WASHINGTON, March 22 U.S. regulators on Friday
rejected a proposed toll plan for Enbridge Inc's $2.5
billion expansion of its Sandpiper project that would move oil
from North Dakota to refineries in the Midwest.
The Federal Energy Regulatory Commission (FERC) turned down
the Enbridge plan, saying the company's proposed rate structure
to fund system upgrades was not supported by existing
Enbridge, which is seeking to bring Sandpiper into service
in early 2016, had sought to recover the costs of the expanded
pipeline from North Dakota to Minnesota and Wisconsin through
surcharges added to existing rates.
Refiners including Flint Hills Resources and St.
Paul Park Refining Company had protested the surcharges. Flint
said Enbridge did not get shipper commitments to pay rates that
would cover the cost of expansion, evidence that the expansion
plan was not viable.
In issuing the ruling, FERC said it "must ensure that, in
addressing Enbridge North Dakota's cost recovery mechanisms,
shippers are protected from risks that should appropriately be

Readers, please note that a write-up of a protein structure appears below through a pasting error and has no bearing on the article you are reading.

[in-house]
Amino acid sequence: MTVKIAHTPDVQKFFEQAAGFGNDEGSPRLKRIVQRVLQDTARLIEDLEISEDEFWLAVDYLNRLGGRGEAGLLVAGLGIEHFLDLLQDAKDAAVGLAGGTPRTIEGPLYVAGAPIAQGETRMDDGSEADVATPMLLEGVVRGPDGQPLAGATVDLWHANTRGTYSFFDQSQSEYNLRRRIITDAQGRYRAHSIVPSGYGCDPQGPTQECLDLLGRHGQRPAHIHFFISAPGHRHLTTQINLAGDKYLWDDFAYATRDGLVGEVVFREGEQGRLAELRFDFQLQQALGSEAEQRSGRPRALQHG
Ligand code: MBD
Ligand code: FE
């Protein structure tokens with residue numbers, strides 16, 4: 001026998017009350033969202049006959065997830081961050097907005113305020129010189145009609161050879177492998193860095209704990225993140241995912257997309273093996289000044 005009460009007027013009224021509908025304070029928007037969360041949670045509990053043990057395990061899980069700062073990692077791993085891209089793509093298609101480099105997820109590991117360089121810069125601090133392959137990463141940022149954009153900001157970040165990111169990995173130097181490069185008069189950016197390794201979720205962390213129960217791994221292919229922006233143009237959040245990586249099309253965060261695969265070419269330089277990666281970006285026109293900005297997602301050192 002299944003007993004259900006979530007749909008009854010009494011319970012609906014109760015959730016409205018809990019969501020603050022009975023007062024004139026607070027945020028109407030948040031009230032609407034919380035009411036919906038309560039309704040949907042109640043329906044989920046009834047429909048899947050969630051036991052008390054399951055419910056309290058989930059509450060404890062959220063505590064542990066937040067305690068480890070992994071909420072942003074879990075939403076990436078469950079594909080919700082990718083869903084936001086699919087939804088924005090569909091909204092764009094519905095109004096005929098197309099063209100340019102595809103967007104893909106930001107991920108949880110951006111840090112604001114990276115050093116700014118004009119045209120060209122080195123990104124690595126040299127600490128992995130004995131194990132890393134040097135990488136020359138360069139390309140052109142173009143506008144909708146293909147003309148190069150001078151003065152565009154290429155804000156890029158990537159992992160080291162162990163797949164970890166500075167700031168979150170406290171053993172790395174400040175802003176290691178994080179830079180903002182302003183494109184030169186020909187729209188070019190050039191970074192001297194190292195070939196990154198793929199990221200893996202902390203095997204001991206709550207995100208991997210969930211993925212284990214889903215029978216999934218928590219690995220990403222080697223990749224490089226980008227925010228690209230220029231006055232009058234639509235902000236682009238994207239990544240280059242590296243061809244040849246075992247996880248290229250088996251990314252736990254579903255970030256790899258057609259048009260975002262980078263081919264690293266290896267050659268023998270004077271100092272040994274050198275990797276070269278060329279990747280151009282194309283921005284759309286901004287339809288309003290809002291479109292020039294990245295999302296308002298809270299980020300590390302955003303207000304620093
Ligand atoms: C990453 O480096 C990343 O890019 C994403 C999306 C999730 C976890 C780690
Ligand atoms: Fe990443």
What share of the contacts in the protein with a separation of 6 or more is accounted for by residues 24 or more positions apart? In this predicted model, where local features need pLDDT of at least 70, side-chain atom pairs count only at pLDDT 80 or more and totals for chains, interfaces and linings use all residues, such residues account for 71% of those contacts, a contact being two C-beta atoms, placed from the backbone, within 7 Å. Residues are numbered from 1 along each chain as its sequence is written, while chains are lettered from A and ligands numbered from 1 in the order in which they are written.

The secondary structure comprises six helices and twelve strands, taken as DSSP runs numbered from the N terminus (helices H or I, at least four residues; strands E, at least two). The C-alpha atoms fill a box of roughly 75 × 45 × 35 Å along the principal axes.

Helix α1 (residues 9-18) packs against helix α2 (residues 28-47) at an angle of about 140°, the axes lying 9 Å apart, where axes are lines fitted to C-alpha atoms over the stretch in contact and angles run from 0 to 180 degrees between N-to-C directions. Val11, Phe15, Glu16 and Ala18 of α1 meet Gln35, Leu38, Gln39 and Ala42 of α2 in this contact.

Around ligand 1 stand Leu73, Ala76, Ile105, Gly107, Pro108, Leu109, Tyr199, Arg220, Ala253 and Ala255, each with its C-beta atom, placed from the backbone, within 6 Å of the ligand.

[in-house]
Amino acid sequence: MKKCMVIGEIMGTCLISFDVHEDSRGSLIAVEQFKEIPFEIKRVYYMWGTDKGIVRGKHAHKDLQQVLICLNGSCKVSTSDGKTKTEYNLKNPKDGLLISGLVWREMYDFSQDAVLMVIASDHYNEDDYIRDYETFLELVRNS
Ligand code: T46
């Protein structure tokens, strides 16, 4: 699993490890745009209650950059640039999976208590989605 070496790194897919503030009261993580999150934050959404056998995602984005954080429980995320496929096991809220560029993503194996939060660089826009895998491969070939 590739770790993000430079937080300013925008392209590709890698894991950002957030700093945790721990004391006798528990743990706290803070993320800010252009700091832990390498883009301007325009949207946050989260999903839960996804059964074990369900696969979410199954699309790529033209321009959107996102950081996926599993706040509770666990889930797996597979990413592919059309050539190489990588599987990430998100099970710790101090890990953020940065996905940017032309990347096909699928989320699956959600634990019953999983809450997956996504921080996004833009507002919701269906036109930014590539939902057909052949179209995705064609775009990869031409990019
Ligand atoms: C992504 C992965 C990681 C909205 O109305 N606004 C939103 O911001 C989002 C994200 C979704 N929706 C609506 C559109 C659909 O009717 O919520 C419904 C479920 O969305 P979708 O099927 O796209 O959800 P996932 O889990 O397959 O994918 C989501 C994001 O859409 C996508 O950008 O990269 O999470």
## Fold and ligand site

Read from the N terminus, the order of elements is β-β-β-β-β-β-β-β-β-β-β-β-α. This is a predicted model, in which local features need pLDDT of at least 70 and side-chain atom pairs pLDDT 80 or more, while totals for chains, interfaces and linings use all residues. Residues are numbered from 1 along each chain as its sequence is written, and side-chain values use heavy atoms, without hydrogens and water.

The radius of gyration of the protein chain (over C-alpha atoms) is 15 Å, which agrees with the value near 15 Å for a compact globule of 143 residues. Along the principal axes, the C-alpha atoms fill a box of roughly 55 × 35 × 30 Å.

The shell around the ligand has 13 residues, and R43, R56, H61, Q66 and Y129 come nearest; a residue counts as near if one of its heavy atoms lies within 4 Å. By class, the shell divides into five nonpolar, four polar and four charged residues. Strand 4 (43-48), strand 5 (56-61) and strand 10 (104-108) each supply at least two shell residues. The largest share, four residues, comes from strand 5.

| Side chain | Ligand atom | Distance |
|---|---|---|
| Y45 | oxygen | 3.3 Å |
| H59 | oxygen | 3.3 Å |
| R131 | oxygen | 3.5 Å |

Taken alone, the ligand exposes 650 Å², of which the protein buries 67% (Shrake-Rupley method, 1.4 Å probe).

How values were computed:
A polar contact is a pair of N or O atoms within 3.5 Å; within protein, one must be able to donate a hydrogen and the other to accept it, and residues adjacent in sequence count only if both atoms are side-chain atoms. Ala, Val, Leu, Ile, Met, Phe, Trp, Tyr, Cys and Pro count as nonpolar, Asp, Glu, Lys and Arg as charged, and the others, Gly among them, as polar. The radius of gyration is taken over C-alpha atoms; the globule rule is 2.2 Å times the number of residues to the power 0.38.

assigned to the pipeline."
Sandpiper is an important part of Enbridge Energy Partners'
plan for overall expansion in its Canadian and U.S. oil
pipeline network aimed at moving surging volumes of light oil
from the Bakken formation. Enbridge Energy Partners, the U.S.
affiliate, is footing part of the bill for the expansion.
The program also includes expansions and new pipelines in
Illinois, Indiana, Southern Ontario and Quebec. The so-called
Light Oil Access plan would add a total of 400,000 barrels a day
of capacity to the system. Enbridge Energy Partners is expected
to foot slightly more than half the total bill.
FERC encouraged Enbridge to submit a new rate plan.
Enbridge spokesman Graham White said the 2016 timeline of
the project had not changed and it was reviewing FERC's decision
and assessing its next steps.